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13-10-2010, 08:59   #1
PhiliousPhogg
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Retirement Age & entitlements in different countries

Before I jump on my high horse about lazy latin Europeans, I'd like to find out if there is a difference in what "Retirement Age" means in France, Greece and Italy, and the rest of the industrialised world.

A quick search found this report from the OECD comparing retirement ages across countries (open the first link to the Excel file for the comparison report).

I am concerned with the offical retirement age here, don't care about the average effective age that they're calculating.

The official age in certain countries like France, Belgium, Italy and others is 5 or so years below the other countries, which are mostly 65. Is there a reason for this, do they have different entitlements? Or is it a simple comparison?

I'm not sure what to make of the footnotes, what portion of the population does (b) refer to?

"(a)...The official age corresponds to the age at which a pension can be received irrespective of whether a worker has a long insurance record of years of contributions
b) For Belgium and France, workers can retire at age 60 with 40 years of contributions; for Greece, at age 58 with 35 years of contributions; and for Italy, at 57 (56 for manual workers) with 35 years of contributions."


I am appalled that the French are striking over raising the retirement age from 60 to 62 when Europe is so debt laden at the moment, and I am curious that there is more to the story.
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15-10-2010, 12:41   #2
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Why raise the retirement age when youth unemployment is so high?
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18-10-2010, 14:17   #3
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I am appalled that the French are striking over raising the retirement age from 60 to 62 when Europe is so debt laden at the moment, and I am curious that there is more to the story.
First of all, all the european consensus/policies about finance and social rights are nowwhere near examples to follow, they're just ultra-liberal dogmas that are imposed to its people.
Second, there is money to fund the current retirement scheme in France it is just that the gvt does not want to touch the bankers and all other wealthy people (friends). The french gvt has decided to dismantle the social rights that are the fundations of the french society to accomodate a wealthy minority; these rights were not given to the workers they've had to fight for them ... and fight hard.
You can be as appalled as you want, frenchs have a different view on what a society is or should be and they'll let the gvt know about it.
One thing is sure, NAMA couldn't have been implemented in France the way it has been here. You've sold your soul (and your children) to the banksters in the hope they'll let you in peace ... you wont get it (I think the words W. Churchill pronounced right after Munich would fit well here).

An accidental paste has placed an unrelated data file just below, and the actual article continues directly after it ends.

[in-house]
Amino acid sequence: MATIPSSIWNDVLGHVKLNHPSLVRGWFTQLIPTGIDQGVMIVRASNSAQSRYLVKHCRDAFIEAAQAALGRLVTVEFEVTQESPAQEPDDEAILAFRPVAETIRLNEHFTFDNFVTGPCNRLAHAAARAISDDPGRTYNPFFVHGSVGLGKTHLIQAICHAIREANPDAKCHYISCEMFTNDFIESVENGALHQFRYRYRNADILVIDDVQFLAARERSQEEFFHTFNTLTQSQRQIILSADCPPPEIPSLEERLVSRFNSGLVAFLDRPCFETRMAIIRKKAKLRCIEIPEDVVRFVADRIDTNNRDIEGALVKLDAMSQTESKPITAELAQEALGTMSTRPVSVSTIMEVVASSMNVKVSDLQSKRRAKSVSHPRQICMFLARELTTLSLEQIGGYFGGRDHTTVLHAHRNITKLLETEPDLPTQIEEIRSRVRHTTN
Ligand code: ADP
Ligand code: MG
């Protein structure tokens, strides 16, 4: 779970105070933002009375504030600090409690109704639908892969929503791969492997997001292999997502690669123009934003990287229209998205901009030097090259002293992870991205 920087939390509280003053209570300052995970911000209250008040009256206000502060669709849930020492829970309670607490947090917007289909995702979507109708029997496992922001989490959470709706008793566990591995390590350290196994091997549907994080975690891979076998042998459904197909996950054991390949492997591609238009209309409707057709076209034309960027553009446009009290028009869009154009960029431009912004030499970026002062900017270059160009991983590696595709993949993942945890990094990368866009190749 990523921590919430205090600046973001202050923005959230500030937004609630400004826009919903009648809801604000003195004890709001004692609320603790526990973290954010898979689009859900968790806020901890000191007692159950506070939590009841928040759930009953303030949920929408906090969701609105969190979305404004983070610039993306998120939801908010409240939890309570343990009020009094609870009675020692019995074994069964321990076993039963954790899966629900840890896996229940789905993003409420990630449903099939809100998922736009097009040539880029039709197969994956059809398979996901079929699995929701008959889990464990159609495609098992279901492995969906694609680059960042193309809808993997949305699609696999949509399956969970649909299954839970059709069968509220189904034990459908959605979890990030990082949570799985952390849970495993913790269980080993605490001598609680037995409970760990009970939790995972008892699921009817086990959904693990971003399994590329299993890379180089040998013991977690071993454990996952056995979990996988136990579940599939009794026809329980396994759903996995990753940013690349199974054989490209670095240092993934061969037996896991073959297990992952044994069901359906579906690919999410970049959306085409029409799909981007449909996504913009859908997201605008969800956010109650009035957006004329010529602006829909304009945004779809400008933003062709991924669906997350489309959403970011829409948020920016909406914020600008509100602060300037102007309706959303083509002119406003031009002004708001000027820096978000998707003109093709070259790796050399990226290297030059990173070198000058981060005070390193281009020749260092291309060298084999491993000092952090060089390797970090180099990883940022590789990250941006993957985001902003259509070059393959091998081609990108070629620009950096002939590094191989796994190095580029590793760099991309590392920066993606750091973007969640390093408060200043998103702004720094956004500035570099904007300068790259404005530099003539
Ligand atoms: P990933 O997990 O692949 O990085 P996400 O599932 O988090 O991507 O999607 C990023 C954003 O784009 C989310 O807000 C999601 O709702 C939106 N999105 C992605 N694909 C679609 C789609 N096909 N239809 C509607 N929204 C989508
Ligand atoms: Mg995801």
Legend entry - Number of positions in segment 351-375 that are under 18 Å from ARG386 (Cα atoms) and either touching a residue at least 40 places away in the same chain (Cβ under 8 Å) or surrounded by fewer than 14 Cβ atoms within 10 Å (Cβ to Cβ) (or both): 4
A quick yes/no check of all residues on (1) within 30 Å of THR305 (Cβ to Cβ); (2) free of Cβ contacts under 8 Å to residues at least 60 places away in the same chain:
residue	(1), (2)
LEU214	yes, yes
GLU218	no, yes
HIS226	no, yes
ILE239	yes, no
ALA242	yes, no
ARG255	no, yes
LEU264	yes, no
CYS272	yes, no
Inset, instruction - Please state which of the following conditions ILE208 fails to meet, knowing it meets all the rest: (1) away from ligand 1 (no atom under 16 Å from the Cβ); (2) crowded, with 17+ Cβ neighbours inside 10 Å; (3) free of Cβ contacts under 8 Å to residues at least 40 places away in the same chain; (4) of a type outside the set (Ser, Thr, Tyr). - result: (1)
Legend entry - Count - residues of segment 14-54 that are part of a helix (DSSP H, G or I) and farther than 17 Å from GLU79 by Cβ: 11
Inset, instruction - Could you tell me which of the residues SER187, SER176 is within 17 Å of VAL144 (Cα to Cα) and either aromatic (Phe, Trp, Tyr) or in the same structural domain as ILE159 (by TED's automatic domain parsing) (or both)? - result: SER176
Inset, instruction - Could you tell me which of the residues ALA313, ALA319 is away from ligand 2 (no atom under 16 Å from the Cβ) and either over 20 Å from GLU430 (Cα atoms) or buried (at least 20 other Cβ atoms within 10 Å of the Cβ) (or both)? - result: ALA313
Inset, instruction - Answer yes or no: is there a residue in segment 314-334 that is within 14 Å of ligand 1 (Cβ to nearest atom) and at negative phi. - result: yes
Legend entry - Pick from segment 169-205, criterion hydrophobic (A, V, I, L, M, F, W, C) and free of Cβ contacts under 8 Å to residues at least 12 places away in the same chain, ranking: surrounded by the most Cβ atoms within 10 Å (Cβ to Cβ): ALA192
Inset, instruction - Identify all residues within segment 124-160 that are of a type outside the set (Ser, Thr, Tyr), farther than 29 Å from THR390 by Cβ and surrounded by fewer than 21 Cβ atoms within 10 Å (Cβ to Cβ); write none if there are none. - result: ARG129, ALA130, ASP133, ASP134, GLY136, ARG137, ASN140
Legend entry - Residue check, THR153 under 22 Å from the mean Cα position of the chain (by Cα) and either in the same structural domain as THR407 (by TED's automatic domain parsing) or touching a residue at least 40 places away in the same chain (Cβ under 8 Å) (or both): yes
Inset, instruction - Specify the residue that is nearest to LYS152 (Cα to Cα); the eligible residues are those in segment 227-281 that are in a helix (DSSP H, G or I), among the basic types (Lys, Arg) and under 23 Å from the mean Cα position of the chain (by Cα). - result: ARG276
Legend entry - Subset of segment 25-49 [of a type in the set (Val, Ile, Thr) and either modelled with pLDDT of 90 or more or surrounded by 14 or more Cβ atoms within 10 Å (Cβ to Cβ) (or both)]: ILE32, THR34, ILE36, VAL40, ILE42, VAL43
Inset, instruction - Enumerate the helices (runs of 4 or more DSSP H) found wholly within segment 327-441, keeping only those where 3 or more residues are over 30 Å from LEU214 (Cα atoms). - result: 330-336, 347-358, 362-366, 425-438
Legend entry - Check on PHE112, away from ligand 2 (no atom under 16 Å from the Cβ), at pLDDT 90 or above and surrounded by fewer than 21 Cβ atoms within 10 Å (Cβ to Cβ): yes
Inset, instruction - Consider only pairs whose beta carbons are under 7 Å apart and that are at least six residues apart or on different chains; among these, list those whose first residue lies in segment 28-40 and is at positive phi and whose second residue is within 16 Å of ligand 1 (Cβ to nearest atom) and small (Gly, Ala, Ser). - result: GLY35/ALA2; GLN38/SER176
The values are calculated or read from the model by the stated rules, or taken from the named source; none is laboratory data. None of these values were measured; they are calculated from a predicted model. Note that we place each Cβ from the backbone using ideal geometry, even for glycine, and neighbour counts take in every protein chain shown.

From what I can tell at least the french people are alive ; one cannot say the same about most other nations where the only policy is to bend in front of those who put the world in the mess it is. Come on France ... lead the way ... f#@? the debt and those who own it.
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18-10-2010, 21:00   #4
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Victory to the French people! You are a beacon of light in this f**ked up capitalist world.
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18-10-2010, 21:11   #5
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Victory to the French people! You are a beacon of light in this f**ked up capitalist world.
Are you having a laugh?

France 2010 Median Age 39.7

15m of their 65m population are already pensionable, they can expect up to another 20 years of life, a figure that is ever increasing. When the pension age was set to 60, people were looking at 5 years odd on average before they popped their clogs.

Western countries have only been able to keep this pension charade going til now because they had the young people to pay for the old. With low birthrates and aging populations this is simply unsustainable. France cannot afford to keep its pensionable age at 60, and adding 2 years to it is the thin end of the wedge, with current pension levels and life expectancy people in their 30's will have to work into their 70's or else taxation will have to increase massively to cover the ever growing and more unsustainable pension black hole.

Thankfully despite Ireland being fooked, we have an avg age just over 34.5 and its something we really have going for us.
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18-10-2010, 21:26   #6
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Are you having a laugh?

France 2010 Median Age 39.7

15m of their 65m population are already pensionable, they can expect up to another 20 years of life, a figure that is ever increasing. When the pension age was set to 60, people were looking at 5 years odd on average before they popped their clogs.

Western countries have only been able to keep this pension charade going til now because they had the young people to pay for the old. With low birthrates and aging populations this is simply unsustainable. France cannot afford to keep its pensionable age at 60, and adding 2 years to it is the thin end of the wedge, with current pension levels and life expectancy people in their 30's will have to work into their 70's or else taxation will have to increase massively to cover the ever growing and more unsustainable pension black hole.

Thankfully despite Ireland being fooked, we have an avg age just over 34.5 and its something we really have going for us.